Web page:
Even if you can photograph lightning from your front porch, it’s usually best to pick a nice scene, then monitor the weather so you can be there to capture lightning with a great foreground. I strongly recommend that you scout these lightning scenes in advance, not just for possible compositions, but for safe places to set up, escape routes, and a place to retreat to if the lightning gets too close. I try never to shoot more than a quick sprint from my car.
Once you’re there, don’t wait until you see lightning before setting up your gear. If the sky looks even a little promising, get everything ready: tripod out, camera and lens mounted, lightning sensor attached. Then test your lightning sensor to make sure it fires your camera—I can’t tell you how easy it is to overlook one little thing and wonder why the lightning is firing but your camera isn’t. I test my Lightning Triggers, with a TV remote, or with the flash from my iPhone camera.
As I said earlier, the trickiest part of lightning photography is getting the right shutter speed. Too fast and you risk missing all of the strokes; too long and you risk washing out the lightning. My target shutter speed is usually 1/8 second, +/- 1/8 second—long enough to include multiple pulses, but not so long that I risk washing out the lightning.
When the sky is relatively bright, dropping to 1/20 second can help the lightning stand out better than 1/8 second, but risks losing secondary strikes. Conversely, when the sky is extremely dark and the lightning is firing like crazy, extending to 1/4 second might increase your chances for capturing multiple pulses.
Even with a polarizer on, getting the shutter speed to my sweet spot usually requires dropping to ISO 50 and stopping down to f/16 or smaller. In these situations, a neutral density filter is a big help, but take care not to let the shutter speed go longer than necessary.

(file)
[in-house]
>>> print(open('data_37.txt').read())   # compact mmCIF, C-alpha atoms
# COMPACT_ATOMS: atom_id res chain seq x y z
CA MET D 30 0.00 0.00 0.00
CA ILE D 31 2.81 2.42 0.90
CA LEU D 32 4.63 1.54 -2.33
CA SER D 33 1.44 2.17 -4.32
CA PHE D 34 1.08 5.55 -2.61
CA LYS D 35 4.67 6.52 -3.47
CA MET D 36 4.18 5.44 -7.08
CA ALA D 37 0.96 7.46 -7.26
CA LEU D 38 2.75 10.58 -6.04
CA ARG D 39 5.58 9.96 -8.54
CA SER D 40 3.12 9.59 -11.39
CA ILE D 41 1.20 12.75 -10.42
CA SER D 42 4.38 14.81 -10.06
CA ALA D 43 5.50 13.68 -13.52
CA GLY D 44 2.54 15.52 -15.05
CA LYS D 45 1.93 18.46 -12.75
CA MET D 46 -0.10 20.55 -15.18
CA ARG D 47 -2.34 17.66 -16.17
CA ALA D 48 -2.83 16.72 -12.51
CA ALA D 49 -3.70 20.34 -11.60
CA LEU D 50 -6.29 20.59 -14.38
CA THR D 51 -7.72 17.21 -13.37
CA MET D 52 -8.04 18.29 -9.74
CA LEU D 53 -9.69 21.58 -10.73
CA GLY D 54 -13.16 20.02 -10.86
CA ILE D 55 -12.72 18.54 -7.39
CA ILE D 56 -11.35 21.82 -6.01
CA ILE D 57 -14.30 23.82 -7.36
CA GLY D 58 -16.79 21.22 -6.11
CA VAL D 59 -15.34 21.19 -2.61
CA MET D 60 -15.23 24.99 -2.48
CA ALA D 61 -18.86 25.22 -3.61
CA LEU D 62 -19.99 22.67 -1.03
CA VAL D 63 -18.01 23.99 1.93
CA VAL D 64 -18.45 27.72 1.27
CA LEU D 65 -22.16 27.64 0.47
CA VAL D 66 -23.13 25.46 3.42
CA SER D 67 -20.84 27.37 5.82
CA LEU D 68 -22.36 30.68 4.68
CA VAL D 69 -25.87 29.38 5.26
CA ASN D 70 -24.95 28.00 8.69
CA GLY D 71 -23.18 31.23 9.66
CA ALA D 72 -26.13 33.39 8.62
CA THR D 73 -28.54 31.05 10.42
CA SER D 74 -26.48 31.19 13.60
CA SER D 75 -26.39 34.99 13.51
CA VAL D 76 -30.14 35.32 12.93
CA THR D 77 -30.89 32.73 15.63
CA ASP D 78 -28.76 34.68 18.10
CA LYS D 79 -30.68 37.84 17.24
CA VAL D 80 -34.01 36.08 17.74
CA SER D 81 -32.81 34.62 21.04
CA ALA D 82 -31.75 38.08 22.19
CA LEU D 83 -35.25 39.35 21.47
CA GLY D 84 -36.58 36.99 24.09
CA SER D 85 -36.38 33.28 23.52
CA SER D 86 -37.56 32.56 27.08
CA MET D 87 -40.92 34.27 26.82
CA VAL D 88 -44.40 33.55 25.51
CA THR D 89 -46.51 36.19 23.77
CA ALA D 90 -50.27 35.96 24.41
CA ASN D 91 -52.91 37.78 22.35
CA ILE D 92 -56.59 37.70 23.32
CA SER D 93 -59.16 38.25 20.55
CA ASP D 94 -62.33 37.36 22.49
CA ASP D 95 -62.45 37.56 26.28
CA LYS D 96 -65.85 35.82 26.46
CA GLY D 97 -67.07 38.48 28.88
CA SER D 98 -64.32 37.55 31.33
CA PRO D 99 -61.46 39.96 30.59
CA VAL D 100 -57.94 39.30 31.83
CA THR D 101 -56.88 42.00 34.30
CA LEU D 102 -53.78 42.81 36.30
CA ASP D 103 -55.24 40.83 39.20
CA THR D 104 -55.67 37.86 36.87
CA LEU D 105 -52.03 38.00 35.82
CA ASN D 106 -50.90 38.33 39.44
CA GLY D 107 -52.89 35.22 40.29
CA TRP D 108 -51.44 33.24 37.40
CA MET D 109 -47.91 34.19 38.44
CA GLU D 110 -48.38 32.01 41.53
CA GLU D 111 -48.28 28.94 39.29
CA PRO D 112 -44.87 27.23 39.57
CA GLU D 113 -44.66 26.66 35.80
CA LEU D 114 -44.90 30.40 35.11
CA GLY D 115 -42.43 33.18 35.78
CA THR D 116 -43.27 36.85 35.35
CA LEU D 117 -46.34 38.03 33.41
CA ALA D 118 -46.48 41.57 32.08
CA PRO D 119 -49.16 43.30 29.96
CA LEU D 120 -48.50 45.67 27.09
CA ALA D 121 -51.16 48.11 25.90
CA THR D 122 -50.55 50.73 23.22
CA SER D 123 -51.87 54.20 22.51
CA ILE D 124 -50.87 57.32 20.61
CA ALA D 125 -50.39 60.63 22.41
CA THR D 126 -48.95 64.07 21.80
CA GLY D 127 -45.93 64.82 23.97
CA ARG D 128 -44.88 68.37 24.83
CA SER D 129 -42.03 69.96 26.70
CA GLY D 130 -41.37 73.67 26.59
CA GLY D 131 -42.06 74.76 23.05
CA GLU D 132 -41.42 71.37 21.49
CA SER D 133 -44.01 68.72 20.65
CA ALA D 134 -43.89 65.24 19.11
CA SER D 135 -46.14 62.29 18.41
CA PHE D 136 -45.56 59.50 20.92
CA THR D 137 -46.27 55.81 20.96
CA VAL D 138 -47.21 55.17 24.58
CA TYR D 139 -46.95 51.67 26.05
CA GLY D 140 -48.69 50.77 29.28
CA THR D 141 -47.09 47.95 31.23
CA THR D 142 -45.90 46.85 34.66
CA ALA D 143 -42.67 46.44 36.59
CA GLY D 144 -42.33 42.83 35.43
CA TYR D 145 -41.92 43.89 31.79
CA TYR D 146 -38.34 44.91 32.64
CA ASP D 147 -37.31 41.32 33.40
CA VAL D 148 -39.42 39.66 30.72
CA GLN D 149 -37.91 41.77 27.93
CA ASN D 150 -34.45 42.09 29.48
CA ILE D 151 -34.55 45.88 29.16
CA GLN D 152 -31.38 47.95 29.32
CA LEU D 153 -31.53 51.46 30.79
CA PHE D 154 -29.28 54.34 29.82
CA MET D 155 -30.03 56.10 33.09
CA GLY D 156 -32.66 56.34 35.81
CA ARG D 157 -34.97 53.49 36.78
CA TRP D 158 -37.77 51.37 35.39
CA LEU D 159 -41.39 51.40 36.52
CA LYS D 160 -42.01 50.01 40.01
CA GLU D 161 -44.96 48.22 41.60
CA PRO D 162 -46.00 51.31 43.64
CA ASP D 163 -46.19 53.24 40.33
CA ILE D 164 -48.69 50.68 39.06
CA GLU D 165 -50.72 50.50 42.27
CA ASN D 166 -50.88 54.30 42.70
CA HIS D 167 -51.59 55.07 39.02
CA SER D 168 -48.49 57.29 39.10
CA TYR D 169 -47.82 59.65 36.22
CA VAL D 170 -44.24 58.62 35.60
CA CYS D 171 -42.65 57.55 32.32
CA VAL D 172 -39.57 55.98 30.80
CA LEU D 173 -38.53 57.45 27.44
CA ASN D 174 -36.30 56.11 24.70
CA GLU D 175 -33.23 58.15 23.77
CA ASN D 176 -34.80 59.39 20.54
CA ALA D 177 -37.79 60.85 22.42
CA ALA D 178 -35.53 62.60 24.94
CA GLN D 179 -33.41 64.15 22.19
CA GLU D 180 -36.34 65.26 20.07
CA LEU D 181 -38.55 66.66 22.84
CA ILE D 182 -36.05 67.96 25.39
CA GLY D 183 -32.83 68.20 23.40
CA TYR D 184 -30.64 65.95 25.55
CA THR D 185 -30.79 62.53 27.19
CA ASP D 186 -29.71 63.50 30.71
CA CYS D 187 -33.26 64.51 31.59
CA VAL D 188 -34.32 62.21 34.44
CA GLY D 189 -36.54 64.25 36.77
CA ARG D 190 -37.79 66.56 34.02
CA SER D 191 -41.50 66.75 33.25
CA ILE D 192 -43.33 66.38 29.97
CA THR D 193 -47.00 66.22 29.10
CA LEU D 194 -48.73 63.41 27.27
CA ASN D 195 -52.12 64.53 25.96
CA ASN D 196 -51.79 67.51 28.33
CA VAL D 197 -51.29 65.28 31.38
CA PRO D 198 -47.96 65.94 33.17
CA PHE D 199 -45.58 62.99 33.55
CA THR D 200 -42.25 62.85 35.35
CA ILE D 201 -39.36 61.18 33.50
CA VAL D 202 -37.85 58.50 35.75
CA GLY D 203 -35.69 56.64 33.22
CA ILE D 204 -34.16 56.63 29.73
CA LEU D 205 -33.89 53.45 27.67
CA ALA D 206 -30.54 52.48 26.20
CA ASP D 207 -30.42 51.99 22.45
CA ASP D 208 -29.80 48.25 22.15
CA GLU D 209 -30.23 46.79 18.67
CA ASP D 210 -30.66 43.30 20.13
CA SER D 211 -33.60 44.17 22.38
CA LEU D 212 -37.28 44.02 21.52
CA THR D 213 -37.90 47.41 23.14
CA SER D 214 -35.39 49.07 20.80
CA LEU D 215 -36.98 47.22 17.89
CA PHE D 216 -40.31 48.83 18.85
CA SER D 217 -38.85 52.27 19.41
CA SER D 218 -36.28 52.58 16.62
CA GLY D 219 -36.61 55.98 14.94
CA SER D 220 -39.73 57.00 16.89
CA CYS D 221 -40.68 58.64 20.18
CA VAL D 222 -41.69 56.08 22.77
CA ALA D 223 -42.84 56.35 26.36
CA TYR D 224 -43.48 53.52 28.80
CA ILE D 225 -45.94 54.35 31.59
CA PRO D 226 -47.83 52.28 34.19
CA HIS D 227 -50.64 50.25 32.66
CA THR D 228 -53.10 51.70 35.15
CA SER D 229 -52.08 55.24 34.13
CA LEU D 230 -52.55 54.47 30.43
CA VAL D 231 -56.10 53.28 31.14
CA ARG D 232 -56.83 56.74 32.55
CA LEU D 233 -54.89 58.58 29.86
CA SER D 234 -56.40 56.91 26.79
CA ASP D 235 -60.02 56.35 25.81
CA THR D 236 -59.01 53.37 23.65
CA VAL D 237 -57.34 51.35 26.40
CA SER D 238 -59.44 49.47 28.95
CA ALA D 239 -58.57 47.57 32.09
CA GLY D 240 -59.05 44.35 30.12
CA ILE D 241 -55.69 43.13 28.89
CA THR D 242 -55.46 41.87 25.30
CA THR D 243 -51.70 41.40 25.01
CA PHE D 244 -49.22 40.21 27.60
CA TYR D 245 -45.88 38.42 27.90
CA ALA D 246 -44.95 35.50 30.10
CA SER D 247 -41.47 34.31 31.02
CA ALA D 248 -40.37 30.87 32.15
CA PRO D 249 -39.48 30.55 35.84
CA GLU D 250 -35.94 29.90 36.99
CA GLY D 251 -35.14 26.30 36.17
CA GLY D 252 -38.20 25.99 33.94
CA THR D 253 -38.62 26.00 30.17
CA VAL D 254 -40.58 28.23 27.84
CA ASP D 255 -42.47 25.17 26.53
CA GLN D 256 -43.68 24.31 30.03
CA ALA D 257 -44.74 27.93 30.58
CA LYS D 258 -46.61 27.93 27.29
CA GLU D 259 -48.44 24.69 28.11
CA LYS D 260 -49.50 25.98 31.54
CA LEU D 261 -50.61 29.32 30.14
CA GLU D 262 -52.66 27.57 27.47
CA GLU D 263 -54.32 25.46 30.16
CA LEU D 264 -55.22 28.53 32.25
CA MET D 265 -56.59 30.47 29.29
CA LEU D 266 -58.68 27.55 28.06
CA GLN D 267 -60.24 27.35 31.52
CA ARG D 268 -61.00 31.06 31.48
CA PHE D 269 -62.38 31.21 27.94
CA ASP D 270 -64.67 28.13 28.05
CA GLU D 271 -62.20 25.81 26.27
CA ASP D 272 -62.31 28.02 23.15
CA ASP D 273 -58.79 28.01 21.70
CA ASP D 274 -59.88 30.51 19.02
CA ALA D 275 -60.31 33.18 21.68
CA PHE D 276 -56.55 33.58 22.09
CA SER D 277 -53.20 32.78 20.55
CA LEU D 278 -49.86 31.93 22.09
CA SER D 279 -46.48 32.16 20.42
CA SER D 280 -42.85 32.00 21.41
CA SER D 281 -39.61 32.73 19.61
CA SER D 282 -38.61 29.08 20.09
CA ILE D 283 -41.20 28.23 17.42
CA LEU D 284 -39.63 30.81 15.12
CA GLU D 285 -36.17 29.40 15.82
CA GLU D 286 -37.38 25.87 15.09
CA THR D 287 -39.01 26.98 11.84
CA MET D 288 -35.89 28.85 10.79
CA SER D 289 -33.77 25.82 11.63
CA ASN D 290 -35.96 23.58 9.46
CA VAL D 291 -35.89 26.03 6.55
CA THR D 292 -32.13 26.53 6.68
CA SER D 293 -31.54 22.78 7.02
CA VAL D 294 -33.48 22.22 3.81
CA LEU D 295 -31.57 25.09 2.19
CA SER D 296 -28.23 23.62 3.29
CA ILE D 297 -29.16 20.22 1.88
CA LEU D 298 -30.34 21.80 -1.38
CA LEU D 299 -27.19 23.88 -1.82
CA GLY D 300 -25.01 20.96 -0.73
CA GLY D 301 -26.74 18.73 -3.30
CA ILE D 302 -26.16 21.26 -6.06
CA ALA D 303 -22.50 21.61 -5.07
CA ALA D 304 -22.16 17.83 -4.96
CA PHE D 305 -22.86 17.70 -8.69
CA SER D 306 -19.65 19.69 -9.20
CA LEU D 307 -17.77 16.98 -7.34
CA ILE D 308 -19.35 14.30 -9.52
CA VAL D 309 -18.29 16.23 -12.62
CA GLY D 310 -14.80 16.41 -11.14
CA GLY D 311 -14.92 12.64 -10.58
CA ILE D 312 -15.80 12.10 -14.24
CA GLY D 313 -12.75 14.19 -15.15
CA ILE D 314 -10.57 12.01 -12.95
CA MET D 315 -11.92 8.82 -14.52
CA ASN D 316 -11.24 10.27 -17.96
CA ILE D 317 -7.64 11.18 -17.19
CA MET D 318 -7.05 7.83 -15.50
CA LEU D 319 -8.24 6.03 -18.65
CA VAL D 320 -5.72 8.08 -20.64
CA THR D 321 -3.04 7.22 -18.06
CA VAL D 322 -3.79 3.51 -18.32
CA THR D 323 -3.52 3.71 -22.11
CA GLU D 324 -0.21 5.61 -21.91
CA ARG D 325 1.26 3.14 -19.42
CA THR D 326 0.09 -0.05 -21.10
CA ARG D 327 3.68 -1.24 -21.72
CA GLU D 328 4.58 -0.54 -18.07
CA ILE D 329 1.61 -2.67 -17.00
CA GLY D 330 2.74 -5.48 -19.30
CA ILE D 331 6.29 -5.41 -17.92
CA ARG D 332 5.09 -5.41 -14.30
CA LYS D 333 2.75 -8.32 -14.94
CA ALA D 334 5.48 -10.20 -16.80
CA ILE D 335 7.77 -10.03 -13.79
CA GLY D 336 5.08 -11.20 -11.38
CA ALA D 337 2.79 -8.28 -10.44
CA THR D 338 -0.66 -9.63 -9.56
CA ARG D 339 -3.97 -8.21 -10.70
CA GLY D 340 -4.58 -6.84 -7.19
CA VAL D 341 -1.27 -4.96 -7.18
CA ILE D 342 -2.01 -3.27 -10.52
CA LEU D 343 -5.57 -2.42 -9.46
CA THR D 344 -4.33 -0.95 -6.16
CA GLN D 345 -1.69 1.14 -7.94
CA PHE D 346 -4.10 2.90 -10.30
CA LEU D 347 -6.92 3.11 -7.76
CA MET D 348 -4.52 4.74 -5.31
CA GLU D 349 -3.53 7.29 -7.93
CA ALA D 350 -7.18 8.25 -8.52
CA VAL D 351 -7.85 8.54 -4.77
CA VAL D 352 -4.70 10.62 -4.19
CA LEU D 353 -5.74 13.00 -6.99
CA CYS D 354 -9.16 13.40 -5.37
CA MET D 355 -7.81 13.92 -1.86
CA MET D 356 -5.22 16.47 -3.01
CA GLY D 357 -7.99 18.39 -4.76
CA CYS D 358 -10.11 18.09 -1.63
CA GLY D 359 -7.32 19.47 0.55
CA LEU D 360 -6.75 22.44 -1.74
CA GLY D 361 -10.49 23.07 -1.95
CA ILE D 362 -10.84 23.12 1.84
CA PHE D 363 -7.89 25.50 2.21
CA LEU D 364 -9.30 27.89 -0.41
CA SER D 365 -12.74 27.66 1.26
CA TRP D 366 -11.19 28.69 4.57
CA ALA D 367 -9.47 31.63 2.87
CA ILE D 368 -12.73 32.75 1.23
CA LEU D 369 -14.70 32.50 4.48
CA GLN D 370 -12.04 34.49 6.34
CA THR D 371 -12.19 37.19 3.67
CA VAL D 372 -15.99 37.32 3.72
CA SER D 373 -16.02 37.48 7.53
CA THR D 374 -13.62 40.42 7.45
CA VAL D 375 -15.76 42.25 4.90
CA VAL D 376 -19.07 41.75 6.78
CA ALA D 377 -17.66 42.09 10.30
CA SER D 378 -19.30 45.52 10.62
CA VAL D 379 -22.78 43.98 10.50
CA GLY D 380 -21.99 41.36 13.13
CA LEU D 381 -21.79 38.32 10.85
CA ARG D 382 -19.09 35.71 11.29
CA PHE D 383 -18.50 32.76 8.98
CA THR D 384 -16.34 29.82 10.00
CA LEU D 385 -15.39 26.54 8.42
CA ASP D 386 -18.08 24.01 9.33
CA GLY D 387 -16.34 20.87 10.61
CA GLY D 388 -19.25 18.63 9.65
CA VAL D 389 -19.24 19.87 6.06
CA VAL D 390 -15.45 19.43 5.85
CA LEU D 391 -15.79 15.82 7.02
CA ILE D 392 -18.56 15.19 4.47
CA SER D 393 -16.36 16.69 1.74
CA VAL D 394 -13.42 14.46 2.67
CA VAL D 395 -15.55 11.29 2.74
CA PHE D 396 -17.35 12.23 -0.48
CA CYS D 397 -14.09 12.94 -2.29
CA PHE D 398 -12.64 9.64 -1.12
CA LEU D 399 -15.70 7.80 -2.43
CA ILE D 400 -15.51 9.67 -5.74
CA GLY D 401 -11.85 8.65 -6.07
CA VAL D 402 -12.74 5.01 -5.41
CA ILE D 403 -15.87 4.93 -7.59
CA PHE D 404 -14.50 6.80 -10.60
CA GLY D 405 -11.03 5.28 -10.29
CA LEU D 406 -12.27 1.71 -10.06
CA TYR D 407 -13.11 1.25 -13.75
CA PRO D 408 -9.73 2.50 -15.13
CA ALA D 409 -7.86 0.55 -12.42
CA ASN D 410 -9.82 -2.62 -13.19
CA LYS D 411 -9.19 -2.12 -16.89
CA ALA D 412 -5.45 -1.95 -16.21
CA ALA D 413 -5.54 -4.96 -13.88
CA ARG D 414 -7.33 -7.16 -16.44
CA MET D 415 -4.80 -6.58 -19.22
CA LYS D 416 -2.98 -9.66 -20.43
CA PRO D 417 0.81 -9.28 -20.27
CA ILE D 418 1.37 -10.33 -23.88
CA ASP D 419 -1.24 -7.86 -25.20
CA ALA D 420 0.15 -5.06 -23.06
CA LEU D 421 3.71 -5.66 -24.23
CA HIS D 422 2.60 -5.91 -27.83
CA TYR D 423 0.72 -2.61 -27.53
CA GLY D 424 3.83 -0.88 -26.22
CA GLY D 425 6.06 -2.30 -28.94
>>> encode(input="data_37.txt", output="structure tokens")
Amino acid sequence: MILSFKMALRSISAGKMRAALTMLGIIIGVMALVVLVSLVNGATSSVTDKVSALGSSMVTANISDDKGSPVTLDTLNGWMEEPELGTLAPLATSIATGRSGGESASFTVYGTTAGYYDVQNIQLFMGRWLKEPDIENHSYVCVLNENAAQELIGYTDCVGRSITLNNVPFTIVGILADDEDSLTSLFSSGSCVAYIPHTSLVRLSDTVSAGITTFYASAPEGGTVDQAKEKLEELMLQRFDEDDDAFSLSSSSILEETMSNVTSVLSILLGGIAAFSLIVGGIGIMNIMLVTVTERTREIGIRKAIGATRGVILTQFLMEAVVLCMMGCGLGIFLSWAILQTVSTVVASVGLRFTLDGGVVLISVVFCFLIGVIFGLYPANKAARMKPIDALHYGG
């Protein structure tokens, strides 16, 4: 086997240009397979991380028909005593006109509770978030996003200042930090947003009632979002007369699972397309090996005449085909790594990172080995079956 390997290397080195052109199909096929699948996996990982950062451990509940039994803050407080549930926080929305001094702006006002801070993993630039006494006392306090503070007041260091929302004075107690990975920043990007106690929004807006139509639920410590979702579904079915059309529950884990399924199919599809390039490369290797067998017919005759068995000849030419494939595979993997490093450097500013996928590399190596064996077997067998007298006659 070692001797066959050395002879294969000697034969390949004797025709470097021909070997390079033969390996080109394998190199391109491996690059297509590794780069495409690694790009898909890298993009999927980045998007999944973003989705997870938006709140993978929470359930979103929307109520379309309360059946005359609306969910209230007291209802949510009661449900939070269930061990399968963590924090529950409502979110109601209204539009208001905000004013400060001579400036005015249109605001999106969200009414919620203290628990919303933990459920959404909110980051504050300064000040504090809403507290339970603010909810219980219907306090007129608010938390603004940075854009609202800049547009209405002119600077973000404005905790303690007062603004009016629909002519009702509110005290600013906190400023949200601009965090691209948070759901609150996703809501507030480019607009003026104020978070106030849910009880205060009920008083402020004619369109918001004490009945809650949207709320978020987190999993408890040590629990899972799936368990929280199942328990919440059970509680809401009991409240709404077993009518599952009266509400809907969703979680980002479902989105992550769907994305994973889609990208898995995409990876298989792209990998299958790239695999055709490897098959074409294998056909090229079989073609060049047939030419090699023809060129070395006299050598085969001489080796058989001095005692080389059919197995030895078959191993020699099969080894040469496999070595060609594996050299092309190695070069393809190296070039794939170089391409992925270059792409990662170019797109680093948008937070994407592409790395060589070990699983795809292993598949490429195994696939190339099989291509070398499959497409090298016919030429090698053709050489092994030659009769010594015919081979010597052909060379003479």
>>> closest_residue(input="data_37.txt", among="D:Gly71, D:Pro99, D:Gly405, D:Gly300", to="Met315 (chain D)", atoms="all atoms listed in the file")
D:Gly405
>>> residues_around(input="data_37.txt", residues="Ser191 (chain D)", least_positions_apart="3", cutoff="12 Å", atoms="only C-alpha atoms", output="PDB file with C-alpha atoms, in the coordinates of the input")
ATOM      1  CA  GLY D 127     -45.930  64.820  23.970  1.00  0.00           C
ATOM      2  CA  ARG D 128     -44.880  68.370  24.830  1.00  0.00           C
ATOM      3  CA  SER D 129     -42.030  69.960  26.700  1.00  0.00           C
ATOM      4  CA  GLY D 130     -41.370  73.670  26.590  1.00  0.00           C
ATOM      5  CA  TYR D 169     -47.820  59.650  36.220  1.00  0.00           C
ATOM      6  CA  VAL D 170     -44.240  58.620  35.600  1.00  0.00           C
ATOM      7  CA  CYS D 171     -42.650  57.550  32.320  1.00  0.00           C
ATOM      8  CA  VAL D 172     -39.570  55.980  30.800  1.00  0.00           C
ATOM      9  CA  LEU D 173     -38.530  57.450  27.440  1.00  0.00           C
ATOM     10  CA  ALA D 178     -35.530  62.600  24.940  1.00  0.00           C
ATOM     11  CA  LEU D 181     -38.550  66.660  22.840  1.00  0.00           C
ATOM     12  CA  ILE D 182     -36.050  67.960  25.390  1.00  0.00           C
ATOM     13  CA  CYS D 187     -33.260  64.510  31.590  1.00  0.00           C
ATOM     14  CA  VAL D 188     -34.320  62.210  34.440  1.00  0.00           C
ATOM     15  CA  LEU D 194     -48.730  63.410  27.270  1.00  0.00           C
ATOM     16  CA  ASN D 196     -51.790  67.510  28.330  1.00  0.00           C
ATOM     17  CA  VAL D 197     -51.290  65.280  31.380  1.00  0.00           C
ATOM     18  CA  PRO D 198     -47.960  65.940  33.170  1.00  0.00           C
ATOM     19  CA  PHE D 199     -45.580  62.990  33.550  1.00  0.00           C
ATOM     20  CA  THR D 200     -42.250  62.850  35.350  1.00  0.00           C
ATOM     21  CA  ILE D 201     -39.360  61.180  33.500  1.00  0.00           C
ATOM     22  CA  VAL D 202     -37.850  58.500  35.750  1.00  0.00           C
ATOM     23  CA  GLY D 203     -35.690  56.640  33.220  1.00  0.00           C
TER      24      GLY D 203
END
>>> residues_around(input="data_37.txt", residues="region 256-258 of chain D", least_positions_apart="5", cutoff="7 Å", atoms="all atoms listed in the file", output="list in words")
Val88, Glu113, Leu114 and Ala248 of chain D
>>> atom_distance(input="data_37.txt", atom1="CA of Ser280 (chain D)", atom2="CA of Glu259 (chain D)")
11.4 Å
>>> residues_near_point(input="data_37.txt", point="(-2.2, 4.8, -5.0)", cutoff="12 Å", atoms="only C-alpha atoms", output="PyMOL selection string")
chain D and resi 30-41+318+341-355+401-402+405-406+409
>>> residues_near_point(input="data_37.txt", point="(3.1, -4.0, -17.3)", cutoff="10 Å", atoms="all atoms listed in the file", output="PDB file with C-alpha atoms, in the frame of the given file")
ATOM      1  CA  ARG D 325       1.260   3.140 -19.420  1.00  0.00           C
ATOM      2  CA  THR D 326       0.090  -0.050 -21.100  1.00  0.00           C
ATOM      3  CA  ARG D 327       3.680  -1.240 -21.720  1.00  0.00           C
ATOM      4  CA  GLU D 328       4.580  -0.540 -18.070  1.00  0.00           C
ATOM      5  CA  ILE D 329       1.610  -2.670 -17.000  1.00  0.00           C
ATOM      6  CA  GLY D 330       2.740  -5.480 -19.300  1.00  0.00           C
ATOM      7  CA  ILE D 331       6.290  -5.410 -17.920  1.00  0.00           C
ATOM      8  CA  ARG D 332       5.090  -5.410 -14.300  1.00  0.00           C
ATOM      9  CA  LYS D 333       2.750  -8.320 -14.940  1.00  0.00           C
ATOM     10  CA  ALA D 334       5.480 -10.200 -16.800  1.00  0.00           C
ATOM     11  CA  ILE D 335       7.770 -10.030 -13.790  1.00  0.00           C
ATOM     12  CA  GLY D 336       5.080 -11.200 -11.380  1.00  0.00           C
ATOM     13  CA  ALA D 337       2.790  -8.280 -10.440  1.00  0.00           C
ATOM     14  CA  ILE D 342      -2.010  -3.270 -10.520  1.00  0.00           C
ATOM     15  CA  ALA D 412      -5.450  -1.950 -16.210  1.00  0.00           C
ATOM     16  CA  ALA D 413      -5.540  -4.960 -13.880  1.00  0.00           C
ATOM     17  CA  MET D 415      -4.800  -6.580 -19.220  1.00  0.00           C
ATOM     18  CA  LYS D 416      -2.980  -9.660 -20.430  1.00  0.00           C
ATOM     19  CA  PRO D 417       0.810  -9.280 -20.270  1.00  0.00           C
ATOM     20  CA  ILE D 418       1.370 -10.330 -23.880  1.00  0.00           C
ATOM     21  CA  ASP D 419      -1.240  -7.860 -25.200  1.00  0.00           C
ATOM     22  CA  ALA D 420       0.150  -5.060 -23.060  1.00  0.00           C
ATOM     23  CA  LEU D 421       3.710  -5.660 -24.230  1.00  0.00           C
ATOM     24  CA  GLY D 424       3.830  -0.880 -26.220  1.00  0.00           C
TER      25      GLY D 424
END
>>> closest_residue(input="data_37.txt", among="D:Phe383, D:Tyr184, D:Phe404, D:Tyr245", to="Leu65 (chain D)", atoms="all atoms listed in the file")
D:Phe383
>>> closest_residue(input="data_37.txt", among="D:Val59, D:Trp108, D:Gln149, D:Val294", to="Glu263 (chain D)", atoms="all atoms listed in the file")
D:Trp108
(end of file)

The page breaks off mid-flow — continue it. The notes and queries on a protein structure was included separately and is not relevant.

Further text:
Lightning is most likely to strike in or near the gray curtains that hang beneath dark clouds (clearly recognizable as distant rain)—not only near the center, but often on the fringe or just outside. And the darkest and tallest clouds are usually the most likely to fire lightning. If you’re in the storm that you’re photographing, you’re too close.
The best lens for lightning is usually a midrange zoom, such as a 24-70 or 24-105. If you find yourself reaching for your 16-35 (or wider), you’re too close.
I generally start fairly wide to increase my margin for error (to avoid missing a bolt just outside my frame), but once I’m sure I’ve captured some good strikes, I often tighten my composition. While this narrower field of view can reduce the number of frames with lightning, the ones I get are much larger in the frame.
Here are a few more composition points to consider:
- Identify the most likely lightning cell and find the best composition that includes it.
- The more resolution you have, the looser you can compose, then crop to the best composition later.
- Don’t include too much room above the lightning—the most frequent rookie mistake I see is too much sky/clouds in the frame. I like my lightning bolts to originate just below the top of my frame.
- The second most frequent rookie mistake I see is lightning cut off at the top. Note the height from which the lightning originates and try to include enough cloud to get the stroke’s origin point. And if you’re really wide and still can’t get all the lightning, run! (Like I did after the image below.)
- Don’t forget to try some vertical compositions.
There’s a lot of standing around while photographing lightning, but storms move, so the more you can keep your eyes on the sky (instead of your phone), the better you’ll be at keeping lightning in your frame as the storm moves, and knowing when the activity is picking up or winding down. The light can change by several stops as the storm moves, intensifies, or winds down, so check your exposure frequently. And monitor your surroundings for active cells moving up behind you.